Respondents were asked about the use they had made of various types of publication during the six months which preceded the survey (Figure 4.21, and Appendix 4.2 for breakdown by primary constituencies). Publications were categorised thus: fieldwork monographs; fieldwork publications in journals; fieldwork publications in `grey literature'; syntheses on specific subjects, regions or periods; publications on method and/or theory; publications on heritage and/or management; policy/legislation documents; museum collection catalogues and popular archaeological publications. In reply to the precautionary question as to whether the six-month period was representative of their normal reading pattern, 79% replied that it was.

Figure 4.21 gives an overview of the reading habits of the total sample. It reveals a clear pattern across different types of publication, with most people using each type less than once a month. However, within this general pattern there is some variation in the frequency of use of different types of publication. Fieldwork publications in monographs and journals, and period, national/regional and/or subject syntheses, are used more frequently (once a week or once every 1-2 weeks) than other types of publication. 40% consult syntheses frequently, 33% make frequent use of fieldwork monographs, and 36% make frequent use of fieldwork publications in journals.

While fieldwork publications in monographs and journals are frequently consulted by about one third of the sample, only 22% regularly consulted `grey literature' fieldwork publications, and 17% never consulted them (Appendix 4.2). Only a small percentage of the sample make frequent (= weekly or fortnightly) use of publications on theory and method (15%), heritage management (11%), policy and law (11%), and museum catalogues (10%). A high proportion said that they never consult works on heritage (29%) and policy (29%), or museum catalogues (38%) at all.

These figures are perhaps not surprising. As categories of literature, works on heritage management and policy/legislation are likely to have a correspondingly specialised audience. The fact that a marginally higher proportion frequently consult syntheses rather than primary fieldwork publications may reflect the convenience (in location, intellectual accessibility, or both) of such works. However, it remains the case that fieldwork publications are still one of the most frequently consulted types of archaeological literature. The only exception lies with `grey literature', where the markedly lower usage may reflect one or a number of factors, such as difficulty in procurement, unawareness that some items exist, and the attribution of greater significance to material that is formally published.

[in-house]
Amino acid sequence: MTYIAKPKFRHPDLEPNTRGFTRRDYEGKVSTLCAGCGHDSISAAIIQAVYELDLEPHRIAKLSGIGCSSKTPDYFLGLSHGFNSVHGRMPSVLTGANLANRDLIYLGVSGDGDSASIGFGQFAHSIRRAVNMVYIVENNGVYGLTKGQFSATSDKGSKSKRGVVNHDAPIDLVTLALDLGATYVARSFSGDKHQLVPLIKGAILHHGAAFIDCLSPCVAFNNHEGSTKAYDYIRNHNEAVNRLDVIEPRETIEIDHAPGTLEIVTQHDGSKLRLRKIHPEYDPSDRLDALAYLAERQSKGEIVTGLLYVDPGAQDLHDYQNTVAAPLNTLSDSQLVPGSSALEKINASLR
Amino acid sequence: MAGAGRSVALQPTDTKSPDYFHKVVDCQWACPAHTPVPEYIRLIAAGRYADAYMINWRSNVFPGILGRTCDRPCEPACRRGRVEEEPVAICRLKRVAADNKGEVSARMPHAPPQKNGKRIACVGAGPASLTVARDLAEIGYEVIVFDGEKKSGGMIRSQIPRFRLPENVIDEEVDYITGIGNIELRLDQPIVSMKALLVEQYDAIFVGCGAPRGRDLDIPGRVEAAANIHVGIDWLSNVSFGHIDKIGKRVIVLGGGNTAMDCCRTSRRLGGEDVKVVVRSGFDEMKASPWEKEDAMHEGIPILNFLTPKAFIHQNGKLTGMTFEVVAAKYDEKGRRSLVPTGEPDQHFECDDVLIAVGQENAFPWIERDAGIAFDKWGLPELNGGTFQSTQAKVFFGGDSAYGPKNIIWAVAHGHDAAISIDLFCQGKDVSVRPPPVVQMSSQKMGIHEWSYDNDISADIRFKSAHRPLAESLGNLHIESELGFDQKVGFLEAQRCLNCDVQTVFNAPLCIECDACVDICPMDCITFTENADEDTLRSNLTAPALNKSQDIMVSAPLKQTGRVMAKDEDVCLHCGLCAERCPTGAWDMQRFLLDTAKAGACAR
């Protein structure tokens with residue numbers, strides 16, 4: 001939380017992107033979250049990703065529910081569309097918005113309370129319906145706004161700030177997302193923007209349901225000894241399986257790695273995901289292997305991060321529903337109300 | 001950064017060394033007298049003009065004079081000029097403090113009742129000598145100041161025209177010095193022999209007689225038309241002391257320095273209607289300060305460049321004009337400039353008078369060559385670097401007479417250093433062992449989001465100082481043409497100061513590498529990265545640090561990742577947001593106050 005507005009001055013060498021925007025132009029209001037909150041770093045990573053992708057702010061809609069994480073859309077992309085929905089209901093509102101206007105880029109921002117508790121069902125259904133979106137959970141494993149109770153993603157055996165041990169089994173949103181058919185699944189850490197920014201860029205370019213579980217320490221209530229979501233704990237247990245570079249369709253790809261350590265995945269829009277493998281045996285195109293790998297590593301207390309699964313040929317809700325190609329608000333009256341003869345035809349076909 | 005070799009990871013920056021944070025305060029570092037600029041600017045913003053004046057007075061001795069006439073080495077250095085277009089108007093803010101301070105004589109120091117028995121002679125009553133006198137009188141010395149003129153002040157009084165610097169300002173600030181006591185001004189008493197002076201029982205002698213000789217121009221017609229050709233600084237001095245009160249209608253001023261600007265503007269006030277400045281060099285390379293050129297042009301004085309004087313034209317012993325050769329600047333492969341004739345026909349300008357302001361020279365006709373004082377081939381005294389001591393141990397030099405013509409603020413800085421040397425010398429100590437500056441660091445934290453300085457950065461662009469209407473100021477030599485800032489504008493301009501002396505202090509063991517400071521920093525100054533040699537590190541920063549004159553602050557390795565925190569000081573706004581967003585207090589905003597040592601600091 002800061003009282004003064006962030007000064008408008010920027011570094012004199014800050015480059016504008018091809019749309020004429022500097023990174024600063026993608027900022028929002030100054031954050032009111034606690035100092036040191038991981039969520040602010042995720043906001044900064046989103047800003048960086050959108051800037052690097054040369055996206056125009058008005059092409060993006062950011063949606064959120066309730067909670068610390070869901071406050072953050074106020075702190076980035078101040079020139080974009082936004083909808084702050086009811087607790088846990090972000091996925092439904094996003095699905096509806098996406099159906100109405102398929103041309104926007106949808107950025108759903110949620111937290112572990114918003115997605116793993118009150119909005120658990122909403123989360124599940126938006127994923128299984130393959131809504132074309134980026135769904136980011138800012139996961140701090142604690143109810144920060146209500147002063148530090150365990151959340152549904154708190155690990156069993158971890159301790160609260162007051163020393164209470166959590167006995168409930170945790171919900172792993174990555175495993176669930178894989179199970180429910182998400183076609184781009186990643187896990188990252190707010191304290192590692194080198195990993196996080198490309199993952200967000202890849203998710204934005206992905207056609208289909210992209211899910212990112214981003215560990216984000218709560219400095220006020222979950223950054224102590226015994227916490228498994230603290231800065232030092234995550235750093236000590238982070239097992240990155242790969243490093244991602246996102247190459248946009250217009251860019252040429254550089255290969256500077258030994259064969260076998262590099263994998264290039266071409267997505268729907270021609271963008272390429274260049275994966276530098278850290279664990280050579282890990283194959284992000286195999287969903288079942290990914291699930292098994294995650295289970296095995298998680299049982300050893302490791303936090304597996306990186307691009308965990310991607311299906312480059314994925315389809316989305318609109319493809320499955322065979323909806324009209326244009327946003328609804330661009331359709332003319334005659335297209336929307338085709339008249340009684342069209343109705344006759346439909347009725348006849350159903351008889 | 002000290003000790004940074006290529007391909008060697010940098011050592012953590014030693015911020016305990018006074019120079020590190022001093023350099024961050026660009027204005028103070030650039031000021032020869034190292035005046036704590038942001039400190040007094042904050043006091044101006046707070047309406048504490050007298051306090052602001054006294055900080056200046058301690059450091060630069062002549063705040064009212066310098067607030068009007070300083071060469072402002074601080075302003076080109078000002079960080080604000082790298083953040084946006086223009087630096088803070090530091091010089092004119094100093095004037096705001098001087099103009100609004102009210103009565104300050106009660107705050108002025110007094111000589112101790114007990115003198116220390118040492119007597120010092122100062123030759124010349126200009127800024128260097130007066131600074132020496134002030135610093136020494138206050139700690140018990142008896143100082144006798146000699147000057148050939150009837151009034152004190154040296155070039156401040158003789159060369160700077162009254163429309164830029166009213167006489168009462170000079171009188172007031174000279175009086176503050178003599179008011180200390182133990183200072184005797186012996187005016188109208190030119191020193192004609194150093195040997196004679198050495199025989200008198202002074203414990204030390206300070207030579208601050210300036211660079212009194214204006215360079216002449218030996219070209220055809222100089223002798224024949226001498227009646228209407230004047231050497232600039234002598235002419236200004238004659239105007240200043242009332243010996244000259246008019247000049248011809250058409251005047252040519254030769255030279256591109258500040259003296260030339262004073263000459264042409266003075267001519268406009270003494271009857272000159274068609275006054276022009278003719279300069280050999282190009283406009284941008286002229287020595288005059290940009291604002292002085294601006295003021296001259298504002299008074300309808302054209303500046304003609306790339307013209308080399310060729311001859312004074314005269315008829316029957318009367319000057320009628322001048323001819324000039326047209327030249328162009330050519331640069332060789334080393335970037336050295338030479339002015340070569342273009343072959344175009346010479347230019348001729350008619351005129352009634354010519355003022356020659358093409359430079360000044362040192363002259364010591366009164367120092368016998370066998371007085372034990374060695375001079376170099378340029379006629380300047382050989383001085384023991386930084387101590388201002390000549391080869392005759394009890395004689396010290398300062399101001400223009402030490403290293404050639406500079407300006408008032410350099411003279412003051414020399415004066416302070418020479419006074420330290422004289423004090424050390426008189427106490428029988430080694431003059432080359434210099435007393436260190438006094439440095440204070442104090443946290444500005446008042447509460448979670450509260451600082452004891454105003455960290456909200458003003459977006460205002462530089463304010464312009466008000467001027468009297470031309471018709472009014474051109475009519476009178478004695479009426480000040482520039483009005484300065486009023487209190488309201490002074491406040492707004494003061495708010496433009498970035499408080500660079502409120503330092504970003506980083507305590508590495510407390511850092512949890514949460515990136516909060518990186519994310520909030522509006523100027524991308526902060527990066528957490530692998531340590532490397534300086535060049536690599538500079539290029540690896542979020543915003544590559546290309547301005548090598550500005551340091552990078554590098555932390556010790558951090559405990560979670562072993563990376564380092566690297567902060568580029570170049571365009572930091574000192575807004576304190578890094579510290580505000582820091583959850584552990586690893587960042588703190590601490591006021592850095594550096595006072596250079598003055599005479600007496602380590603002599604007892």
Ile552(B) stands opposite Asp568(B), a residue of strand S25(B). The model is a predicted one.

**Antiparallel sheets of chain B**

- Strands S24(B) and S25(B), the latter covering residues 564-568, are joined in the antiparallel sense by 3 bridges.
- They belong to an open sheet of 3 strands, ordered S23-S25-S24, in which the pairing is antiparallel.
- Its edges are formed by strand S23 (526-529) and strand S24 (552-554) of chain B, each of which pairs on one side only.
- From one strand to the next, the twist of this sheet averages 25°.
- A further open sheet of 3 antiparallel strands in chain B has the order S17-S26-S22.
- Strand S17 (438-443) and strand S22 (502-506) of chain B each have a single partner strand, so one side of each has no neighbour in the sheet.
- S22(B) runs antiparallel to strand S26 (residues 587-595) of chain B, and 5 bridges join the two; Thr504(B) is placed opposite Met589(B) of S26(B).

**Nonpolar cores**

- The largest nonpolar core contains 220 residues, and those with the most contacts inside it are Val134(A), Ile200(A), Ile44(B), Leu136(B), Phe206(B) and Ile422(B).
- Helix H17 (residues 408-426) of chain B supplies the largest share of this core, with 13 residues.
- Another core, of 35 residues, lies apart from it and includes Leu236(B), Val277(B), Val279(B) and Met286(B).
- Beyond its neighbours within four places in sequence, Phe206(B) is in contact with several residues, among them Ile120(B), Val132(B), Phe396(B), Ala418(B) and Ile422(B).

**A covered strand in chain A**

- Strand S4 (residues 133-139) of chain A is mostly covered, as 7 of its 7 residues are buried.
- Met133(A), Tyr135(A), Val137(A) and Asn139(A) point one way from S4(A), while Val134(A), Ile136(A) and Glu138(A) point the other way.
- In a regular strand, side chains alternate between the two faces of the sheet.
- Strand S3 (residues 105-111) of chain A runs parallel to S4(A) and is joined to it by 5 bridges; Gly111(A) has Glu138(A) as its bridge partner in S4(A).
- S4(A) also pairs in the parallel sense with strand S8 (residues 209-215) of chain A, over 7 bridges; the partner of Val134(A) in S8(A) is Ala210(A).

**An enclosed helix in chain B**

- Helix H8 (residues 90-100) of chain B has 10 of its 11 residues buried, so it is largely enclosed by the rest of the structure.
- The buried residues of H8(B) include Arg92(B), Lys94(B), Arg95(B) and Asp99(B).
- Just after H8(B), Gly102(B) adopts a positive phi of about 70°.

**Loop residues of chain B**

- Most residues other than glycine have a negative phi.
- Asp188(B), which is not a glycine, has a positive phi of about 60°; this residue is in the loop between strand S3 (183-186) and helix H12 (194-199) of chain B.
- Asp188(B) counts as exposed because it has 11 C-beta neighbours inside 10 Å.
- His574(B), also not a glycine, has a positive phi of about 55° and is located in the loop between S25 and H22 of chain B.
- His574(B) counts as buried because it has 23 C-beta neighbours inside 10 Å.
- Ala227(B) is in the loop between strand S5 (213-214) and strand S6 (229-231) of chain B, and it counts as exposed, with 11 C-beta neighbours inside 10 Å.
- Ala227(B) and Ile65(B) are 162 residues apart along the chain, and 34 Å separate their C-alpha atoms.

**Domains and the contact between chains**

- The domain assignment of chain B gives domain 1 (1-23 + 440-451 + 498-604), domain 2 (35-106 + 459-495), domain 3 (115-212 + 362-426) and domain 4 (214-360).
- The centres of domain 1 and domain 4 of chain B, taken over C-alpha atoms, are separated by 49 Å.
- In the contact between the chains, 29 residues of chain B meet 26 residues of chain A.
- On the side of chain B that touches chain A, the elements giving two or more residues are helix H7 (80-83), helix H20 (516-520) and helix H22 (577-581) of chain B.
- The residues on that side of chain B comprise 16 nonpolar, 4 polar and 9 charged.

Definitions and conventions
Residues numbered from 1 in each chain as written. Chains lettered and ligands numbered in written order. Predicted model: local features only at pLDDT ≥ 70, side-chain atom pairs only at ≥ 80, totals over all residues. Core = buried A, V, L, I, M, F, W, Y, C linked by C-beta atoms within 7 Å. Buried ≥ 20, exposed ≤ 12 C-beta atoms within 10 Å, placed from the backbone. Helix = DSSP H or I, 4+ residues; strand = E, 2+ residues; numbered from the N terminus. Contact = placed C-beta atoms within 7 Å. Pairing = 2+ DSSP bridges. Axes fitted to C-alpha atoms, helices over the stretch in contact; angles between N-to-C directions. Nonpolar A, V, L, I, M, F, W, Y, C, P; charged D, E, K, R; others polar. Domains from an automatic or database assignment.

A constituency breakdown of usage frequencies reveals further distinct patterns. Figure 4.22 shows the percentages of selected constituencies which make frequent use of certain types of literature. One of the most striking patterns concerns variation in the use of synthetic, in comparison with fieldwork, publications. It emerges that a greater proportion of university staff and students, museum archaeologists and archaeologists working for national bodies make more frequent use of synthetic, as opposed to primary fieldwork, publications. In contrast, contractors, consultants, specialists and local government archaeologists (curators) make more frequent use of fieldwork publications than of syntheses, although their use of the latter is still relatively high with over 25% using them frequently. This pattern becomes sharper in the case of grey literature with a relatively high proportion of contractors, local government archaeologists, consultants and archaeologists working for national bodies using it frequently, as opposed to a very low proportion of university staff and students, specialists and museum archaeologists.

The implications appear to be that those who are primarily involved in the production of fieldwork publications are also more likely to be using them. (University staff, whilst undertaking research excavations, spend much time on other work, and reading patterns will also to an extent be influenced by patterns of teaching.) As for grey literature, the figures suggest that usage is largely restricted to the those who produce it. The much-remarked disjunction between theory and practice is confirmed, and the survey illuminates a stronger interest in synthetic, theoretical and methodological publications on the part of university constituencies than from the commercial sector. While unsurprising, this was previously a supposition.

4.4 Use of fieldwork publications

4.4.1 Use of published and grey literature